Auto Repair Quick Fix Backfires!
Brian England, Mon, Dec 14, 2015
We have experiences with customers all the time with car problems they try to fix themselves that go horribly wrong. Well that was the case with this Smart car, that had a ‘not-so-smart’ DIY repair.
The Smart car’s owner was concerned that she had a head gasket leak. She she had been told by her boyfriend that there was engine oil seeping down into the spark plug tubes. Acting on her boyfriend’s recommendation, she added head gasket sealer to the cooling system, not realizing that it wouldn’t keep the oil from seeping into the spark plug tubes.
Well, the actions she took ended up blocking the water pump housing passage with a big green lump of plastic foam stuff! This blockage of the water pump housing passage eventually led to the engine over heating and damaging the thermostat. You can see the blocked passage in the photo below.
To get to this view of the housing, to see what was causing the problem, we had to remove the water pump (additional labor charge to remove the water pump). Notably, this blockage would not have happened if the instructions for applying the gasket sealant had been correctly followed, but more importantly, the applied fix, gasket sealant, wasn’t what the car needed (wasted money on gasket sealant). Instead, if the problem had been properly diagnosed by a trained automotive technician, the recommended fix would have been a valve cover gasket.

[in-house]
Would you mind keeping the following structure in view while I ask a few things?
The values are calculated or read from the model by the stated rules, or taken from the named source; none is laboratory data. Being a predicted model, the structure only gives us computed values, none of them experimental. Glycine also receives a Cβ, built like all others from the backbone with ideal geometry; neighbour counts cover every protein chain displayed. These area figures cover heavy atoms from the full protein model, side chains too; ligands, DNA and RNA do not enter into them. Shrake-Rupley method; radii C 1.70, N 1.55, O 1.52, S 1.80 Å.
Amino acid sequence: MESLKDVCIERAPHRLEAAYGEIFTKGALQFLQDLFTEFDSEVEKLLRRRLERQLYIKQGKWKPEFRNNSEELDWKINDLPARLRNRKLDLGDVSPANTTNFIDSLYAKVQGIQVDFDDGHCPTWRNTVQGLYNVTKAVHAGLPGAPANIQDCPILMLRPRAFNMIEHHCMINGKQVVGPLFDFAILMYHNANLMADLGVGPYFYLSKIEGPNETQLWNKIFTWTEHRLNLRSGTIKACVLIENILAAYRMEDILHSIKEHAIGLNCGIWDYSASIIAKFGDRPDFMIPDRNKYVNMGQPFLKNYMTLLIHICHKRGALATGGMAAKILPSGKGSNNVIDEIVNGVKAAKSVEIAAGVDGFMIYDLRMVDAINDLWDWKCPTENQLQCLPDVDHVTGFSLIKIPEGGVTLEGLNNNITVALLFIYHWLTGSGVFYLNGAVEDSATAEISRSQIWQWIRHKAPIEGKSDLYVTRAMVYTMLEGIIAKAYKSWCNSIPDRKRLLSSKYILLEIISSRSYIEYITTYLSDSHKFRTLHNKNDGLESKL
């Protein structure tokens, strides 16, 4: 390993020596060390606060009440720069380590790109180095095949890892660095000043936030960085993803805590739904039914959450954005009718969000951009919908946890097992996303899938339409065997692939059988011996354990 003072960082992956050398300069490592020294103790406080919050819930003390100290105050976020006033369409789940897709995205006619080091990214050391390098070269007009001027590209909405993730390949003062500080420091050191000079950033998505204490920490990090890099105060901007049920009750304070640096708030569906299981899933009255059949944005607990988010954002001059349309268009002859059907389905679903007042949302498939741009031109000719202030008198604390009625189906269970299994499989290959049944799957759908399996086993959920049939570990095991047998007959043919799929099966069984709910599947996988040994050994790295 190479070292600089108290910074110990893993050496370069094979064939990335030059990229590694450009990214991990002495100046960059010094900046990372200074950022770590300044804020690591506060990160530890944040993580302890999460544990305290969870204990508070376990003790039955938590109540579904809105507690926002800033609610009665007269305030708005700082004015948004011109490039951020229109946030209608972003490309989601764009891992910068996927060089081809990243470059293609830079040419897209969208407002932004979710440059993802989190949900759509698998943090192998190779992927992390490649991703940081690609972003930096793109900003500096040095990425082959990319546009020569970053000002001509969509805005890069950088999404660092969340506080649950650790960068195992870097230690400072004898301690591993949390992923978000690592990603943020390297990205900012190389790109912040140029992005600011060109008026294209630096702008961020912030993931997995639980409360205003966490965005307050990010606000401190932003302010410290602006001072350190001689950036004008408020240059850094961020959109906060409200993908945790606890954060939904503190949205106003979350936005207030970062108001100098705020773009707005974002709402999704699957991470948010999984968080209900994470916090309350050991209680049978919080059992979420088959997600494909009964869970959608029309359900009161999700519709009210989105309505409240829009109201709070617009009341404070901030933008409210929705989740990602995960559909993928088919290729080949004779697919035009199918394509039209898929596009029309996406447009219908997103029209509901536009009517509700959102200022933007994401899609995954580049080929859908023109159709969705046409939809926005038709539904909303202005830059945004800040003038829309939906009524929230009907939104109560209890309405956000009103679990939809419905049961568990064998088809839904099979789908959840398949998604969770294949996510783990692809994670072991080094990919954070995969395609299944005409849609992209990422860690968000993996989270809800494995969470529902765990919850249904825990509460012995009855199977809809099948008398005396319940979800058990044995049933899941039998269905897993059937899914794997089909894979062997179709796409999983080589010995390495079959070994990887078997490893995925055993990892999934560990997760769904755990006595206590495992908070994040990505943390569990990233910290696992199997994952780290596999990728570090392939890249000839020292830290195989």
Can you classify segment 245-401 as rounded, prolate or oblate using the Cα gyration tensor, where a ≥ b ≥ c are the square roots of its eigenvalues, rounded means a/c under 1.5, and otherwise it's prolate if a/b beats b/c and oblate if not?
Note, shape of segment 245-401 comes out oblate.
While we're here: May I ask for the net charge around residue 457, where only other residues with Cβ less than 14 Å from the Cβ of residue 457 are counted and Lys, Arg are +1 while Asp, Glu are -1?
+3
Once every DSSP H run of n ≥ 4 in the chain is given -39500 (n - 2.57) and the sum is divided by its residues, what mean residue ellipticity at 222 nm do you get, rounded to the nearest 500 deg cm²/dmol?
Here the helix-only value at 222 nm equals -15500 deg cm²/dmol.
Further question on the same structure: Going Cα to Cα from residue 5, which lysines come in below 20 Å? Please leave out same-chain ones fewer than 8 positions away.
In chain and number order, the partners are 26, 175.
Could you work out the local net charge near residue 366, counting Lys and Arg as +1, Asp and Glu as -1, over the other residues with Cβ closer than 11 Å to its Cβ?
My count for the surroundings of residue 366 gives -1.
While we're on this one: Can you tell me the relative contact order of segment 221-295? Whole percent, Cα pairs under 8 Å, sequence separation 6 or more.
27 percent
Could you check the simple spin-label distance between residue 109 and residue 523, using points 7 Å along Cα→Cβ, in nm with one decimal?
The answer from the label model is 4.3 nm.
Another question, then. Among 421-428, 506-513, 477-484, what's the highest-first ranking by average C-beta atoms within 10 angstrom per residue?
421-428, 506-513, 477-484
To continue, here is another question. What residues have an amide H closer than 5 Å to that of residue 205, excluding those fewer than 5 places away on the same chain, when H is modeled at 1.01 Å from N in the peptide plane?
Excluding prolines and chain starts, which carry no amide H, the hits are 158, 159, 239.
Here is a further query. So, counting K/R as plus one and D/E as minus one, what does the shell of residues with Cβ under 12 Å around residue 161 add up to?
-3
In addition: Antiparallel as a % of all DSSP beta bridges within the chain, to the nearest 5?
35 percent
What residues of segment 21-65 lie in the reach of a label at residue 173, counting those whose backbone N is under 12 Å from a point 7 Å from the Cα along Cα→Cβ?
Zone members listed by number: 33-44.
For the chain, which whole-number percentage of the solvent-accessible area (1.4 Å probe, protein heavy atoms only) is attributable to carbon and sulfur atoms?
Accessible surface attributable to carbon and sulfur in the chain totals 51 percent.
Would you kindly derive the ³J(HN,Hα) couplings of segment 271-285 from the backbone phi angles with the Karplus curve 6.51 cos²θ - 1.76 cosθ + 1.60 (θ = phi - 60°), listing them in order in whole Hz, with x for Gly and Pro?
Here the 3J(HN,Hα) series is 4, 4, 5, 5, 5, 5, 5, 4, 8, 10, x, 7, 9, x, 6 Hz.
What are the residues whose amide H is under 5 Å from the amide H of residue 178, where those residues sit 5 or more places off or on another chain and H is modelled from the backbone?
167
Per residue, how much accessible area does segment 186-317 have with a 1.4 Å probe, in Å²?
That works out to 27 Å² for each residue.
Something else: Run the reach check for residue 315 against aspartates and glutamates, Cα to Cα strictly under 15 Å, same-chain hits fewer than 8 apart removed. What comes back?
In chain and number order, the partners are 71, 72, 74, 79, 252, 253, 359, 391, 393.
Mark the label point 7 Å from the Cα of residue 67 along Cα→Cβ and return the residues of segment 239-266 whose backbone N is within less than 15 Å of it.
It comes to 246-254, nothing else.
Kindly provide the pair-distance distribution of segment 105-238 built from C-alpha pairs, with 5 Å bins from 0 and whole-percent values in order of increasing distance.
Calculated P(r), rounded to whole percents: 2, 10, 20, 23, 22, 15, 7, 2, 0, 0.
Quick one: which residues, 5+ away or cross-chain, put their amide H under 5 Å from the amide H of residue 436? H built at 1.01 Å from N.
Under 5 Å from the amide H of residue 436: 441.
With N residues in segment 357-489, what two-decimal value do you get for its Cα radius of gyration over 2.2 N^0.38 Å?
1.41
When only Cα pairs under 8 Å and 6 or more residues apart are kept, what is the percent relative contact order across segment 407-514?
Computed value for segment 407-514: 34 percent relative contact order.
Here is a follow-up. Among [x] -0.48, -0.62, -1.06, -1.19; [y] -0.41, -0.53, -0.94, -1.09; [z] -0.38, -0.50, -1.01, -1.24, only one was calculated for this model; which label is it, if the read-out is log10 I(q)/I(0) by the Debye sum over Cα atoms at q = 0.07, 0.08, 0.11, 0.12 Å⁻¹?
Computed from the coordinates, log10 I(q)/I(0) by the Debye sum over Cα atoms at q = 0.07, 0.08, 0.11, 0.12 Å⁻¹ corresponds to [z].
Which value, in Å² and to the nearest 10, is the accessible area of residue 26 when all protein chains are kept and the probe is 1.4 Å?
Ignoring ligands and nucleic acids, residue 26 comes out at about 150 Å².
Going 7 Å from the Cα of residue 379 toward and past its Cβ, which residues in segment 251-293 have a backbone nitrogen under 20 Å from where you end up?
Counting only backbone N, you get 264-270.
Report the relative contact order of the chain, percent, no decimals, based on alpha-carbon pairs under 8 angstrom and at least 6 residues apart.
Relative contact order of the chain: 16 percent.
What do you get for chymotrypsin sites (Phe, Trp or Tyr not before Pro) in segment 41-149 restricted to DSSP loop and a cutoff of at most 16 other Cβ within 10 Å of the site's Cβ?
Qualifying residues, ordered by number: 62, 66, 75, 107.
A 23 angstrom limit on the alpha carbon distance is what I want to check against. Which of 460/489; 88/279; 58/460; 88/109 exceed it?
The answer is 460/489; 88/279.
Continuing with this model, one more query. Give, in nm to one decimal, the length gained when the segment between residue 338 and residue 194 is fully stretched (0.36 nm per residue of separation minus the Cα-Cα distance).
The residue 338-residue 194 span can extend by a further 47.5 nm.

This fix wouldn’t have required getting into the cooling system at all! The lesson here isn’t so much about using a product properly as it is about getting the diagnosis correct. That’s most likely to happen if the automotive problem is diagnosed by a trained automotive professional.
It’s so frustrating from the technicians point of view that servicing, repairing and diagnosing a complex machine is considered by so many to be a simple thing.
- JUST add some stop leak!
- It’s JUST an oil change!
- It’s ONLY A BATTERY!
To become a auto technician takes at least five to ten years…. Then you have to keep up to date with 30 to 40 hours of classroom training each year.
Taking advice from a boyfriend who took an automotive class in high school or helped his uncle out on weekends or even worst — doing a “Google search” is a sure road to disaster. That certainly was the case here. Think about your job, your skill, your knowledge. The accumulation of knowledge and skills required for proper automotive service should not be dismissed or discounted. Ignoring that fact can be very costly. (Yes, I know I am on my soapbox.)
If someone offers you advice, vet them like you would an auto service center. After all, you wouldn’t JUST take your car anywhere to get it fixed. Why take advice from someone who’s not an expert or who has questionable credentials.
At our service and repair facility we have given away hours of free advice, road tests, computer scans and service and repair consultations. We want you to be informed and confident that when we recommend something it’s is based on the skills and knowledge of our team of professionals.
Thinking about doing something yourself. Maybe you should make an appointment instead!